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Systematic review of meditation-based interventions for children with ADHD

Overview of attention for article published in European Child & Adolescent Psychiatry, May 2017
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About this Attention Score

  • In the top 25% of all research outputs scored by Altmetric
  • High Attention Score compared to outputs of the same age (87th percentile)
  • Good Attention Score compared to outputs of the same age and source (78th percentile)

Mentioned by

news
1 news outlet
twitter
9 tweeters
video
1 video uploader

Citations

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13 Dimensions

Readers on

mendeley
148 Mendeley
Title
Systematic review of meditation-based interventions for children with ADHD
Published in
European Child & Adolescent Psychiatry, May 2017
DOI 10.1007/s00787-017-1008-9
Pubmed ID
Authors

Subhadra Evans, Mathew Ling, Briony Hill, Nicole Rinehart, David Austin, Emma Sciberras

Abstract

Meditation-based interventions such as mindfulness and yoga are commonly practiced in the general community to improve mental and physical health. Parents, teachers and healthcare providers are also increasingly using such interventions with children. This review examines the use of meditation-based interventions in the treatment of children with Attention-Deficit Hyperactivity Disorder (ADHD). Electronic databases searched included PsycINFO, Medline, CINAHL, and AMED. Inclusion criteria involved children (aged to 18 years) diagnosed with ADHD, delivery of a meditation-based intervention to children and/or parents, and publication in a peer-reviewed journal. Studies were identified and coded using standard criteria, risk of bias was assessed using Risk of Bias in Non-randomised Studies- of interventions (ROBINS-I), and effect sizes were calculated. A total of 16 studies were identified (8 that included children in treatment, and 8 that included combined parent-child treatment). Results indicated that risk of bias was high across studies. At this stage, no definitive conclusions can be offered regarding the utility of meditation-based interventions for children with ADHD and/or their parents, since the methodological quality of the studies reviewed is low. Future well designed research is needed to establish the efficacy of meditation-based interventions, including commonly used practices such as mindfulness, before recommendations can be made for children with ADHD and their families.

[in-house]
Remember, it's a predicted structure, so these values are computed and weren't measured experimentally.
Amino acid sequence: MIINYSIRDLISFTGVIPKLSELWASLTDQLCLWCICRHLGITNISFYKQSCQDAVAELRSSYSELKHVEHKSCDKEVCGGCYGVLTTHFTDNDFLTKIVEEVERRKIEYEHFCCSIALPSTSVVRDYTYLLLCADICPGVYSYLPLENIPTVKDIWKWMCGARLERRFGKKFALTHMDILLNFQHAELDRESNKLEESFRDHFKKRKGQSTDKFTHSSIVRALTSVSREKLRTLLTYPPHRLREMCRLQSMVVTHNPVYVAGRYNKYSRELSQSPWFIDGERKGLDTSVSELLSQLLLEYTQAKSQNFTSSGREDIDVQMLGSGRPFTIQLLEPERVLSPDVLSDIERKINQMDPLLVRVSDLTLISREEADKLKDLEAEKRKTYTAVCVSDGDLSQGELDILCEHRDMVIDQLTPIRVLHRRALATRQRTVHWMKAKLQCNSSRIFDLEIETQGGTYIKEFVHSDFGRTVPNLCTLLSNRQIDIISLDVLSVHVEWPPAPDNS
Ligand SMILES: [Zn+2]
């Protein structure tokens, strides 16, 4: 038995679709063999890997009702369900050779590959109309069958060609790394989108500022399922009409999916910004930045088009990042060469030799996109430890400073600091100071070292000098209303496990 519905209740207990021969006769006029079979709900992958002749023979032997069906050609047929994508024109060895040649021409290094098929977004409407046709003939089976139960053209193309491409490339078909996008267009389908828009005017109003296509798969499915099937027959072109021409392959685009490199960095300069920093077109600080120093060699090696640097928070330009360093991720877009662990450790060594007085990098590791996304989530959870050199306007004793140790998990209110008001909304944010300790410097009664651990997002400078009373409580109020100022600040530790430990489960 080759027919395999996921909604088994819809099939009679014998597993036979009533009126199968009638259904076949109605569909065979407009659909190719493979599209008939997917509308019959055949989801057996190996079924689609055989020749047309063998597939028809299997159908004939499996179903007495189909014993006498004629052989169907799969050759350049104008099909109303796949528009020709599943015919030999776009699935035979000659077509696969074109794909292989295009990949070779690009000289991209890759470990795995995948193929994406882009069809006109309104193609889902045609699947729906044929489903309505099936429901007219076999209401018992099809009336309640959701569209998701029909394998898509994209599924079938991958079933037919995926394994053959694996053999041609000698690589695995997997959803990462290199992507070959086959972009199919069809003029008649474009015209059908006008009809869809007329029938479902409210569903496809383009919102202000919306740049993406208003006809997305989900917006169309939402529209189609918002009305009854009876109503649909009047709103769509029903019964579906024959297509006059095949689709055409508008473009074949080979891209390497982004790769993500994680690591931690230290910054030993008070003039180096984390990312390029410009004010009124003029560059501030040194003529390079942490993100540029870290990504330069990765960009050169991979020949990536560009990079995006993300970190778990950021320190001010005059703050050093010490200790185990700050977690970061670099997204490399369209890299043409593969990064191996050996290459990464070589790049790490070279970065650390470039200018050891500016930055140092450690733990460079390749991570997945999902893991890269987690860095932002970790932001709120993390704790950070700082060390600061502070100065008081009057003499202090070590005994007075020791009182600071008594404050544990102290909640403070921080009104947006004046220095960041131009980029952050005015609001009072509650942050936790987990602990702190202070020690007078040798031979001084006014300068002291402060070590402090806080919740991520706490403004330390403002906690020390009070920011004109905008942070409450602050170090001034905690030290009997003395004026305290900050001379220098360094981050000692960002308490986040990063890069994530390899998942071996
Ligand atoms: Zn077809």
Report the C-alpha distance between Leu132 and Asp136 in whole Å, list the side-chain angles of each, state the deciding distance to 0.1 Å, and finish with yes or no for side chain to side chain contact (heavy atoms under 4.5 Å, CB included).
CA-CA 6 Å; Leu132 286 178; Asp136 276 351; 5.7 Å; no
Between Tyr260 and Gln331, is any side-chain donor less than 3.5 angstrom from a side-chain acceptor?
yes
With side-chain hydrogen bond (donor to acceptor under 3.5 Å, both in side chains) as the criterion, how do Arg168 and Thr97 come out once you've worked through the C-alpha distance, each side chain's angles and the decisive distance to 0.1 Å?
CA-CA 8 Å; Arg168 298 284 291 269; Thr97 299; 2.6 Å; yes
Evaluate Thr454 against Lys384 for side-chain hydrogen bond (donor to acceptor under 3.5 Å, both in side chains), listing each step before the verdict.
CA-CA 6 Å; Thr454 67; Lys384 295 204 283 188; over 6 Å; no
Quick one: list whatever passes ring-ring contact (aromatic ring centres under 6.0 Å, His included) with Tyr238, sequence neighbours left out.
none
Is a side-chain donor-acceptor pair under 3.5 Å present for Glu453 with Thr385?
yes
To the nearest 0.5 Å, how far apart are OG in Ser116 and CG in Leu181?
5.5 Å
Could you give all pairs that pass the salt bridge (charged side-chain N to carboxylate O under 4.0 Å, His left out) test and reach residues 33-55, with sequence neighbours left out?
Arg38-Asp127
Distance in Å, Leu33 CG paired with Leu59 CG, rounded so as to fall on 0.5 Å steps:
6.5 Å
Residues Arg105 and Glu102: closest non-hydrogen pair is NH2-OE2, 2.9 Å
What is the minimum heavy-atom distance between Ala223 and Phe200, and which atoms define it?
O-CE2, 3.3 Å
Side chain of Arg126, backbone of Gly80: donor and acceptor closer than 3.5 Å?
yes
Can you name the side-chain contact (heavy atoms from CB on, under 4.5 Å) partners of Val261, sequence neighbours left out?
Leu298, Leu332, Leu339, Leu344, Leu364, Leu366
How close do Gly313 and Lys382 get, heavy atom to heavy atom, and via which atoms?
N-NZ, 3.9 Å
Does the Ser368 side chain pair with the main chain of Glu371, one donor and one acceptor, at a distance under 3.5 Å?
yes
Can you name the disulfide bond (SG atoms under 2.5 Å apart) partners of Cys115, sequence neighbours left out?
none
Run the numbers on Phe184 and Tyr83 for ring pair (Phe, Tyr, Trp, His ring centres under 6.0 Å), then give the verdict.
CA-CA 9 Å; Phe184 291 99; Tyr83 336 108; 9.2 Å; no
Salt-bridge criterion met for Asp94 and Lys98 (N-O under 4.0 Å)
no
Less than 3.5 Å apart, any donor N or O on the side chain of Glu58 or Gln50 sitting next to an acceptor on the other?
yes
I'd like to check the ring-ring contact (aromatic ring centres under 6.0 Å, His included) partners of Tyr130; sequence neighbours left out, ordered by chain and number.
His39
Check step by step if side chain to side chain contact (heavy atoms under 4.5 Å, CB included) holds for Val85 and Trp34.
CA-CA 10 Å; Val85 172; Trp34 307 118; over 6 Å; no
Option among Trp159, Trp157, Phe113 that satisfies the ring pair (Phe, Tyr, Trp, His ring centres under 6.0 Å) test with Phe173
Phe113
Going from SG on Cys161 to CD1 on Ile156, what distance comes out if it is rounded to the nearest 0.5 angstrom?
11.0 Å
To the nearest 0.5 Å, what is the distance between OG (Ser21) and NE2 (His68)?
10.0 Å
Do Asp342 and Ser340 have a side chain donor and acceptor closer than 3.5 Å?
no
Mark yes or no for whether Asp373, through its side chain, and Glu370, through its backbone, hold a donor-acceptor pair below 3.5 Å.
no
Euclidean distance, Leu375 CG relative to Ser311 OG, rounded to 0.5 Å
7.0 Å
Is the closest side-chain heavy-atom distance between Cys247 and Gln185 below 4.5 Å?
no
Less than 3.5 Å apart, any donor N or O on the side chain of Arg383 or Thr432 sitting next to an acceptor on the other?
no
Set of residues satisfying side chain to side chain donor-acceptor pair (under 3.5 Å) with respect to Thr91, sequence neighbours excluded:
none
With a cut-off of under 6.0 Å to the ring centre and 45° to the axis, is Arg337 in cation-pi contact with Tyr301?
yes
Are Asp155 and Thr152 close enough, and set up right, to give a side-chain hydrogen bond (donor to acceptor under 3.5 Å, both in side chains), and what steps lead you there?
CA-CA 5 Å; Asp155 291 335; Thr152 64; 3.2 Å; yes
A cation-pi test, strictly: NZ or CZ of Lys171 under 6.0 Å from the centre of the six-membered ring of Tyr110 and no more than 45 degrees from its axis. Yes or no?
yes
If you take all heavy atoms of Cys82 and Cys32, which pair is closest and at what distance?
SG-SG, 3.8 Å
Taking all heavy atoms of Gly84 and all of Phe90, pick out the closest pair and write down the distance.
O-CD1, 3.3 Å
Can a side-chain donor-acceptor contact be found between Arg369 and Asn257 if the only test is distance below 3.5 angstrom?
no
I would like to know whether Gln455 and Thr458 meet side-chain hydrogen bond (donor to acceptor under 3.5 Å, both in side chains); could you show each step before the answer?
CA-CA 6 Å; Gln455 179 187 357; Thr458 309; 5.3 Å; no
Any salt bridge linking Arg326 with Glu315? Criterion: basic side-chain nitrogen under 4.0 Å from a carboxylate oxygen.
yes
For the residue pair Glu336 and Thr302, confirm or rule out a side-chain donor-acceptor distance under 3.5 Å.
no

Twitter Demographics

The data shown below were collected from the profiles of 9 tweeters who shared this research output. Click here to find out more about how the information was compiled.

Mendeley readers

The data shown below were compiled from readership statistics for 148 Mendeley readers of this research output. Click here to see the associated Mendeley record.

Geographical breakdown

Country Count As %
Unknown 148 100%

Demographic breakdown

Readers by professional status Count As %
Student > Master 27 18%
Student > Doctoral Student 22 15%
Student > Bachelor 20 14%
Unspecified 18 12%
Researcher 16 11%
Other 44 30%
Unknown 1 <1%
Readers by discipline Count As %
Psychology 64 43%
Unspecified 27 18%
Medicine and Dentistry 12 8%
Social Sciences 12 8%
Nursing and Health Professions 9 6%
Other 23 16%
Unknown 1 <1%

Attention Score in Context

This research output has an Altmetric Attention Score of 15. This is our high-level measure of the quality and quantity of online attention that it has received. This Attention Score, as well as the ranking and number of research outputs shown below, was calculated when the research output was last mentioned on 25 July 2019.
All research outputs
#1,059,521
of 13,415,696 outputs
Outputs from European Child & Adolescent Psychiatry
#96
of 1,062 outputs
Outputs of similar age
#34,092
of 266,660 outputs
Outputs of similar age from European Child & Adolescent Psychiatry
#7
of 33 outputs
Altmetric has tracked 13,415,696 research outputs across all sources so far. Compared to these this one has done particularly well and is in the 92nd percentile: it's in the top 10% of all research outputs ever tracked by Altmetric.
So far Altmetric has tracked 1,062 research outputs from this source. They typically receive a little more attention than average, with a mean Attention Score of 6.4. This one has done particularly well, scoring higher than 90% of its peers.
Older research outputs will score higher simply because they've had more time to accumulate mentions. To account for age we can compare this Altmetric Attention Score to the 266,660 tracked outputs that were published within six weeks on either side of this one in any source. This one has done well, scoring higher than 87% of its contemporaries.
We're also able to compare this research output to 33 others from the same source and published within six weeks on either side of this one. This one has done well, scoring higher than 78% of its contemporaries.